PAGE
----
‘Radio Alcatraz’ tells island’s stories

SAN FRANCISCO— The last thing that you would imagine coming out the Alcatraz Island National Park Service staff offices of the historical Alcatraz Island would be an interactive media outlet like a podcast.

But there, squeezed between the bookshelves, coffee machine and conference table, sits a digital recorder, mixer, microphone and a man determined to share Alcatraz’s rich history with the world, interactively.

Ranger Craig Glassner greets a visitor at his office on Alcatraz Island (Photo by Alcione Gonzalez).

“If I reach one person I’m happy. If I’m able to reach five people, I’ve done a good job. It’s part of my job,” said Craig Glassner.

The online community might know him as Ranger Craig.

Craig has been working for Alcatraz Island for the last 15 years as a ranger for the Golden Gate National Recreation Area, of which Alcatraz Island is a part, and as a technological innovator.

Glassner has always been interested in technology, attributing his childhood love for science fiction literature.

His love thus allowed him to be the mastermind behind the first podcast, titled Radio Free Alcatraz, to come out of the National Park Service system.

This isn’t surprising behavior from Glassner, who was mainly responsible for launching the first website of the National Park Service system, along with “We Hold The Rock,” a 35-minute video exhibit about the 1969-71 Indian occupation of Alcatraz.

“As soon as the Internet was available, I got rid of my old Atari computer and got an IBM computer because the Atari couldn’t handle the new Internet.” Glassner said. “I immediately felt that the Internet was going to be a revolutionary communications device. I knew the potential.”

Ranger Craig Glassner at his desk on Alcatraz Island (Photo by Alcione Gonzalez).

The website was launched in 1994 with the help of volunteers that Glassner recruited through postings on the older form of the Internet called Usenet.

“I put a message on the message board for the Bay Area, and it said “Would you like to spend a night at Alcatraz Island and work on a new website? Give me a call!”

His posting immediately received a flurry of responses and the website was born over night.

“On an island with miserable phone service, we had to smuggle a modem to do it, but literally overnight we were online the next morning,” said Glassner.

At first, Golden Gate NRA and National Park Service officials were hesitant about a Web site or any online content.

“It took them a while to get used to it, but they soon realized that this was the future.”

Glassner was obviously onto “something,” he said, because soon after the Internet and World Wide Web grew exponentially and now it is NPS policy for each park service unit to have a website.

Now, more than 10 years later, blogs and podcasts are new additions to the mix.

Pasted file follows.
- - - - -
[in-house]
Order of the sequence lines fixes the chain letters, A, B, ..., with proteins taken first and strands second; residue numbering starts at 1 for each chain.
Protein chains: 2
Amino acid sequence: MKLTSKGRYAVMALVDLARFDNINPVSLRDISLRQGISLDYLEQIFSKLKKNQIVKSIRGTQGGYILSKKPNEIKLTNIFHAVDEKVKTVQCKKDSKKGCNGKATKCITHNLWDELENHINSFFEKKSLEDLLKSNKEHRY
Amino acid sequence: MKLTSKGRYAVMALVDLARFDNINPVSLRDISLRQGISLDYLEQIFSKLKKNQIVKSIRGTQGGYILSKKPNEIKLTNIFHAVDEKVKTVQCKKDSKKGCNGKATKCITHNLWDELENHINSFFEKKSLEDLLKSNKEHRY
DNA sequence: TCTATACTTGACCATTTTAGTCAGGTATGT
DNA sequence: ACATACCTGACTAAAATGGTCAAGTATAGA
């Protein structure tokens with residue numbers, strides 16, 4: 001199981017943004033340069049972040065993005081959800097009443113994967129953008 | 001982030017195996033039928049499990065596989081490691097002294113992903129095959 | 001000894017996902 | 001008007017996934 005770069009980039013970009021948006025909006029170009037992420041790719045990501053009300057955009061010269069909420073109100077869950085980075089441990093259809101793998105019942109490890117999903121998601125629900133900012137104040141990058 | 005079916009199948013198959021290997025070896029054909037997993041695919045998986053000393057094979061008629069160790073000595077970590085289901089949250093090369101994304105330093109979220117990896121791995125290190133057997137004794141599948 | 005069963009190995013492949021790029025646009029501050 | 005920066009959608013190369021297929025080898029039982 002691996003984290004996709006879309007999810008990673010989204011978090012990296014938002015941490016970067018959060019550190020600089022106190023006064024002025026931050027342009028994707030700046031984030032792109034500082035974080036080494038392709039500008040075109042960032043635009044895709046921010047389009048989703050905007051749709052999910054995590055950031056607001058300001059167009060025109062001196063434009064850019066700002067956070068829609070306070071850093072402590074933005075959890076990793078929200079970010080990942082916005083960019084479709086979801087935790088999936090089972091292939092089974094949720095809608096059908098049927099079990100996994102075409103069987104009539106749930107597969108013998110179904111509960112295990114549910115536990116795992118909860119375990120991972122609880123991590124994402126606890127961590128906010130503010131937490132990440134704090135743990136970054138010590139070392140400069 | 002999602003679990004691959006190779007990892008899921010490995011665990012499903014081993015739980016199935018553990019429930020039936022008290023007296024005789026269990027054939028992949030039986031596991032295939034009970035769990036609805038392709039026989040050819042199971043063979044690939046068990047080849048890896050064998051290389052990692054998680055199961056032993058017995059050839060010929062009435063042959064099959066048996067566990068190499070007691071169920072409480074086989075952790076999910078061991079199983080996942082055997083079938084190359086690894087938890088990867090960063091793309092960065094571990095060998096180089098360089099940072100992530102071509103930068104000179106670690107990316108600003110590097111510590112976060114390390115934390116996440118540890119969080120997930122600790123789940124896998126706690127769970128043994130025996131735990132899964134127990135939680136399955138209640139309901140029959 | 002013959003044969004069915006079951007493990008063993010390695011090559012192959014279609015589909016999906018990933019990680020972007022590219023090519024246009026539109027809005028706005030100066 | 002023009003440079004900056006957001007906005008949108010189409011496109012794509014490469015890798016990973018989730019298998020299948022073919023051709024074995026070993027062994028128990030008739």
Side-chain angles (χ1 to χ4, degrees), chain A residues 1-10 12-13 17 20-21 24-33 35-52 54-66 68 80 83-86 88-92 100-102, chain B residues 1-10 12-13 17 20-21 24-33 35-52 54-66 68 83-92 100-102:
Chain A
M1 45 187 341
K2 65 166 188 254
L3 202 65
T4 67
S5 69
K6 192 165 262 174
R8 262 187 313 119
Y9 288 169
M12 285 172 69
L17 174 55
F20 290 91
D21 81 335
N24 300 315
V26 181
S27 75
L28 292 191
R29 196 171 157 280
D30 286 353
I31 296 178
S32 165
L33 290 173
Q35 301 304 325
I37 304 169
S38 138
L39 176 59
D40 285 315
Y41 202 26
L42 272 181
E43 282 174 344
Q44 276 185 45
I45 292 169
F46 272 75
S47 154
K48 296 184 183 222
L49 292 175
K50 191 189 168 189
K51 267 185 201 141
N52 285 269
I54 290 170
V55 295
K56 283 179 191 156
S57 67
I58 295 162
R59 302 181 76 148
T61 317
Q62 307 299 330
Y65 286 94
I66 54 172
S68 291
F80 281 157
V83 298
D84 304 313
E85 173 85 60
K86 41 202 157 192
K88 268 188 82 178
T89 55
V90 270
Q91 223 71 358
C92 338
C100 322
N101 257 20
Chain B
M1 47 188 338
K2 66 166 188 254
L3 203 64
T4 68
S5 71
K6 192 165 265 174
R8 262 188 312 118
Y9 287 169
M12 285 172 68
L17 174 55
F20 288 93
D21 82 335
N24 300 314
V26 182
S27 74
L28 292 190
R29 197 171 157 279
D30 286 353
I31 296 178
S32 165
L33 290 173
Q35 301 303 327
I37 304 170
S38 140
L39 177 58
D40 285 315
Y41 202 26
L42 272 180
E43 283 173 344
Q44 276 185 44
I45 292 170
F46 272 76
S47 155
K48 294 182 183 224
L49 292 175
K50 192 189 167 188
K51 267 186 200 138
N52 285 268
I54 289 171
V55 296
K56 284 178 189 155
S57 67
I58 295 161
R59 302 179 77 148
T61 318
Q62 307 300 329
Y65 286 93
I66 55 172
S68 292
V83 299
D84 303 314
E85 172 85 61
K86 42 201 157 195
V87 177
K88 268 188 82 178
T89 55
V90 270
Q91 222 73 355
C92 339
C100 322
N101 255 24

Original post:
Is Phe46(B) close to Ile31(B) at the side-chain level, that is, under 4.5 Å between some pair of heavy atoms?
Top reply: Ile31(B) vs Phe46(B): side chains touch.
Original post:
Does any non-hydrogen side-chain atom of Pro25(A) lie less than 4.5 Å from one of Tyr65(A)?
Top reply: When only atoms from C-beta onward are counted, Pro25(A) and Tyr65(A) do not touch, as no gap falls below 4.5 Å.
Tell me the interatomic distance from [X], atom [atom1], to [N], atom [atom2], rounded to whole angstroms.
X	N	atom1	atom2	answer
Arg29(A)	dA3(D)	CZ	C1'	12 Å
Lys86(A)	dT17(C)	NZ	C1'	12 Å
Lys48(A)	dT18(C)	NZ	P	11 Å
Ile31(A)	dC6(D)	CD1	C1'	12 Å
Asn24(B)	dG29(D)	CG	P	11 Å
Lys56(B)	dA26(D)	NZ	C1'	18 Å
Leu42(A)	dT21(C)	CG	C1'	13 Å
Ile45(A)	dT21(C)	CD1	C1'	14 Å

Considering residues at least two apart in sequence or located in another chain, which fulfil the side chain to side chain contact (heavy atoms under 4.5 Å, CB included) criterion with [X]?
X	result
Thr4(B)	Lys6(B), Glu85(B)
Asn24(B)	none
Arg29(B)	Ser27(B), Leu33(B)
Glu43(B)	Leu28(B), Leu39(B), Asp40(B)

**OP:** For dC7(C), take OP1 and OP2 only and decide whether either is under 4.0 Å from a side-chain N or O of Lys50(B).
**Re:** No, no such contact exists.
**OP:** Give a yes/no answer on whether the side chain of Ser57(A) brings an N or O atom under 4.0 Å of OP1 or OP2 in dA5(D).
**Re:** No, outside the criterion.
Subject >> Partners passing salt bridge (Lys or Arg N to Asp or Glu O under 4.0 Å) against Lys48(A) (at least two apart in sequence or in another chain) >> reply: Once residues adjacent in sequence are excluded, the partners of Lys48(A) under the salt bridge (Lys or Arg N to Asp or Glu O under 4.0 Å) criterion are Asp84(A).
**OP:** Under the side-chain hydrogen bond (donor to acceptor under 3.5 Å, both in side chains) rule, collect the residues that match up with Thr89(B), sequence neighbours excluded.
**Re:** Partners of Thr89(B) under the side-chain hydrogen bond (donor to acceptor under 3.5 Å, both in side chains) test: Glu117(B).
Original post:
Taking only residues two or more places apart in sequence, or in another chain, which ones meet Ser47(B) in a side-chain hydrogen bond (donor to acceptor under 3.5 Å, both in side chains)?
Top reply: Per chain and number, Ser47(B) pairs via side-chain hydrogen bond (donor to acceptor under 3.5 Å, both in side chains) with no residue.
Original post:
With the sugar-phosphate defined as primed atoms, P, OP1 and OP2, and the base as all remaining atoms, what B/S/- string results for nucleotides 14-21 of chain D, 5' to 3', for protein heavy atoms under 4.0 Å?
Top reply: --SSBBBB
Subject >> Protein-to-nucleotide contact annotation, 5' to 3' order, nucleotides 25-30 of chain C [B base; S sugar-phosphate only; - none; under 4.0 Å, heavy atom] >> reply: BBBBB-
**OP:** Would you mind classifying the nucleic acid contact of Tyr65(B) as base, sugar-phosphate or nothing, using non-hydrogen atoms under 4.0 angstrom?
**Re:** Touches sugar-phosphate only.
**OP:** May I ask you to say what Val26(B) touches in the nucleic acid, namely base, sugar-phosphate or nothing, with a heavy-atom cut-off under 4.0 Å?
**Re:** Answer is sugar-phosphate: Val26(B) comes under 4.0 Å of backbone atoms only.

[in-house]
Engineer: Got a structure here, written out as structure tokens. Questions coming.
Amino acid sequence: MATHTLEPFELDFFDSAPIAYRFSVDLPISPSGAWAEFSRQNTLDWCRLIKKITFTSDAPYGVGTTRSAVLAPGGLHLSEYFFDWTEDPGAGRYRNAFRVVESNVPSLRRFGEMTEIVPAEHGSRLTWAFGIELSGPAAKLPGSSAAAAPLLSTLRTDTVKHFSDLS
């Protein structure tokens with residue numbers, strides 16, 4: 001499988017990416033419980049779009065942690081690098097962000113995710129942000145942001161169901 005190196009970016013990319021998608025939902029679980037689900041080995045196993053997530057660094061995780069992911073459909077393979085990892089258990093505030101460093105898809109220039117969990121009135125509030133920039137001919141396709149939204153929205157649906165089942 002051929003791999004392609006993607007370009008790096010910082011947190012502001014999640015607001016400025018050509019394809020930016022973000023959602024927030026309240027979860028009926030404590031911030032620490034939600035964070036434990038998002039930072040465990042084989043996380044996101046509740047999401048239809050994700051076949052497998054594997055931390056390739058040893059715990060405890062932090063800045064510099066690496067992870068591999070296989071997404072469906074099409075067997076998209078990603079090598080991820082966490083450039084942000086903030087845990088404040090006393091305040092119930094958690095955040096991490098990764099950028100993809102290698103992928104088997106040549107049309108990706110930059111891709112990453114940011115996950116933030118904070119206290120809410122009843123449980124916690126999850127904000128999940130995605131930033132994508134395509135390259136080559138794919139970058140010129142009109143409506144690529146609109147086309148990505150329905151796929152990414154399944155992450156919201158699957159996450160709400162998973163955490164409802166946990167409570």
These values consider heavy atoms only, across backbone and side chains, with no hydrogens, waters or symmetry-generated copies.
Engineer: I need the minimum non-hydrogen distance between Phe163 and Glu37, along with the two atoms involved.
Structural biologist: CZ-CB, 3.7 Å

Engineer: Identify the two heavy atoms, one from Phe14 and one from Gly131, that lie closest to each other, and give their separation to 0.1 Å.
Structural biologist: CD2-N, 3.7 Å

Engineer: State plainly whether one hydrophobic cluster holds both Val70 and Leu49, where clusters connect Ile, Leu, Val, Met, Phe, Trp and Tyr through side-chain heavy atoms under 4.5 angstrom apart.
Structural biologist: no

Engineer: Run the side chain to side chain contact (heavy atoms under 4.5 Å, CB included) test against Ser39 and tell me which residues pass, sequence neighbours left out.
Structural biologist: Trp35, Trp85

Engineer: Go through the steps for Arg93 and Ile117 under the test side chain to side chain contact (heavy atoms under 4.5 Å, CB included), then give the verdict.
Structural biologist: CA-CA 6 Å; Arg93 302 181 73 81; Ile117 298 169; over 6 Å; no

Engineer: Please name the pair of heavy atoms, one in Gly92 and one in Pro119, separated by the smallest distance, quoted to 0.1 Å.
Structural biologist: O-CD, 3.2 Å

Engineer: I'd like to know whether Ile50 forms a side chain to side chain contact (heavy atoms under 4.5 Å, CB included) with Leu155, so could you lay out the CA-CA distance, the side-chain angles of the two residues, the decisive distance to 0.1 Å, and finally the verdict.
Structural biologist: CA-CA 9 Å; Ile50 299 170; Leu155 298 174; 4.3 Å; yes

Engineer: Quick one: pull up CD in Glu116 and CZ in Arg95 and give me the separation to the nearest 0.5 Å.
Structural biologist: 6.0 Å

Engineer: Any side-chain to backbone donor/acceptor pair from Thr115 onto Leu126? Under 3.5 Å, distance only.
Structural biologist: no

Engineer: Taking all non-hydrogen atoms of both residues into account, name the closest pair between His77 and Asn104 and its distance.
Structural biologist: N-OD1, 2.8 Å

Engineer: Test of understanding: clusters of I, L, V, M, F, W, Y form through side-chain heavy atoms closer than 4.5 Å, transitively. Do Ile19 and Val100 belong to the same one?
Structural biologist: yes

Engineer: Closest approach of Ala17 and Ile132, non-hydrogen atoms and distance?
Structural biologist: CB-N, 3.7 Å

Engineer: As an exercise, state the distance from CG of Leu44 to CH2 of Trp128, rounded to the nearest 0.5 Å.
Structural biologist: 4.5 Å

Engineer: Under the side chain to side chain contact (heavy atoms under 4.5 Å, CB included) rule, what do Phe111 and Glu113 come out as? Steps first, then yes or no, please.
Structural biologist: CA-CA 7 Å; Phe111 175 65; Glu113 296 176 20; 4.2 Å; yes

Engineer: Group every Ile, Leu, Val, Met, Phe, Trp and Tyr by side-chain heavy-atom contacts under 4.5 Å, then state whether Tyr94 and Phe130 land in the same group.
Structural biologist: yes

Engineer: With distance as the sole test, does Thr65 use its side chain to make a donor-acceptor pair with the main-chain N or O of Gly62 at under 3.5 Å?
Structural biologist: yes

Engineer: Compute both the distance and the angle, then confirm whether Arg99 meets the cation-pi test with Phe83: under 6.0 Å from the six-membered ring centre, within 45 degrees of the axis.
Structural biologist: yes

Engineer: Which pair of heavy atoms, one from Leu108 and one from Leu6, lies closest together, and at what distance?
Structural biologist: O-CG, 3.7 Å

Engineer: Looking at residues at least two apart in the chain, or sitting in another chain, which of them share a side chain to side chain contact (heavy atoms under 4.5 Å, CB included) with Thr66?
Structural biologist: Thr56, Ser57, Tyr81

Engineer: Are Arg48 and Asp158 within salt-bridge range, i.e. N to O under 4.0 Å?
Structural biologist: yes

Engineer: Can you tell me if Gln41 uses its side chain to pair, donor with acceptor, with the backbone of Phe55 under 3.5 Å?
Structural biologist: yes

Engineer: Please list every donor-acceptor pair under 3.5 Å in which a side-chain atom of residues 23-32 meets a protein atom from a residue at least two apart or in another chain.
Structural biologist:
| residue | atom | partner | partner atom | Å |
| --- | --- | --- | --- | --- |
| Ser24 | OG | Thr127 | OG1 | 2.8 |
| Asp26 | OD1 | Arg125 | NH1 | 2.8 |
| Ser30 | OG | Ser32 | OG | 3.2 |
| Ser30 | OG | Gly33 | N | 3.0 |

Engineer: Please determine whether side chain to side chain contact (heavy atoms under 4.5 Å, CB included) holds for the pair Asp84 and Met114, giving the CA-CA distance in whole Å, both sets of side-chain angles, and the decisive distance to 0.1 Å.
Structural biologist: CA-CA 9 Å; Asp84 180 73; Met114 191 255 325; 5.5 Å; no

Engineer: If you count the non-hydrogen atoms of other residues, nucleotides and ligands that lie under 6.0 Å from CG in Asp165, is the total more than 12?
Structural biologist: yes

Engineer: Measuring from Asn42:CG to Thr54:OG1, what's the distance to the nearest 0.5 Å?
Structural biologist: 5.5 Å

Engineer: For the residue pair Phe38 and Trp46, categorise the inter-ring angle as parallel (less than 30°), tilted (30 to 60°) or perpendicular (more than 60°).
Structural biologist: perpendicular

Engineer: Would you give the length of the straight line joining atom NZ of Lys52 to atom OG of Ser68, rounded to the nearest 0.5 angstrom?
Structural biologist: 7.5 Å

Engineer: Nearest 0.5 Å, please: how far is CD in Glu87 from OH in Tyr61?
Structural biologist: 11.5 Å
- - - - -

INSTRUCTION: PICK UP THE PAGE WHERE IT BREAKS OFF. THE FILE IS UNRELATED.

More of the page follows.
Ranger Craig Glassner at his recording space for Radio Free Alcatraz (Photo by Alcione Gonzalez).

“Podcasting has been able to make the world a much smaller place where people can communicate more directly, without filters of corporations. I think that the concept is an amazing advancement.”

The rough-draft podcast, which Glassner is still tweaking, is posted on the Alcatraz Island National Park Service website ( It’s composed of an interview with a prison era volunteer, music from Arigon Starr (“Native American Diva”) and Abbott and Costello, and an explanation of the Alcatraz name by Glassner.

“The podcasts will allow us get out interviews that we have in our archives of formers inmates or Indians who occupied Alcatraz. They’ll also allow almost anyone in the world access to that material, material that would normally sit in a historical vault,” said Glassner.

Glassner took inspiration for the name Radio Free Alcatraz, from the November 1969 Indian occupation of the island where Jon Trudell, the poet and musician gave live radio broadcasts through Radio Pacifico.

Thus the podcast aptly titled Radio Free Alcatraz is a work in progress with Glassner constantly tweaking, editing sound and adding more content to the podcast.

Along with editing, Glassner is open to feedback to improve the podcast and future ones.

Glassner hopes to launch an accompanying blog soon to supplement the podcast, allowing the web site to be even more interactive.

Water surrounding the island makes the Internet connection difficult at times (Photo by Alcione Gonzalez).

“One of the things that makes a podcast successful is having a website and a blog with it,” said Glassner. “Basically, I want to be able to reach out to people who will never be able to come to Alcatraz.”

It seems like Glassner is on the right track. To listen to the podcast and provide feedback, check out


To Download Radio Free Alcatraz:

  • Click on the “Radio Free Alcatraz” link.
  • On Macs: Pop-window appears.
  • On PCs: You need Windows Media Player to hear the podcast.

If You Go to Alcatraz Island:

  • Hour of operation vary with the season but departures are every half hour throughout the day beginning at 9 a.m.
  • Open everyday except Christmas Day and New Year’s Day.
  • Wear layers, the weather varies on Alcatraz Island.
  • Buy tickets in advance because they sell out quickly.
  • There is no food service on the island, only bottled water is available for purchase.
  • Entrance is free to the island except the ferry ticket that must be purchased.
  • Prices: $39.25 for children, $55.25 for seniors and $56.50 for adults and juniors.
Ranger Craig Glassner works on the Radio Free Alcatraz (Photo by Alcione Gonzalez).


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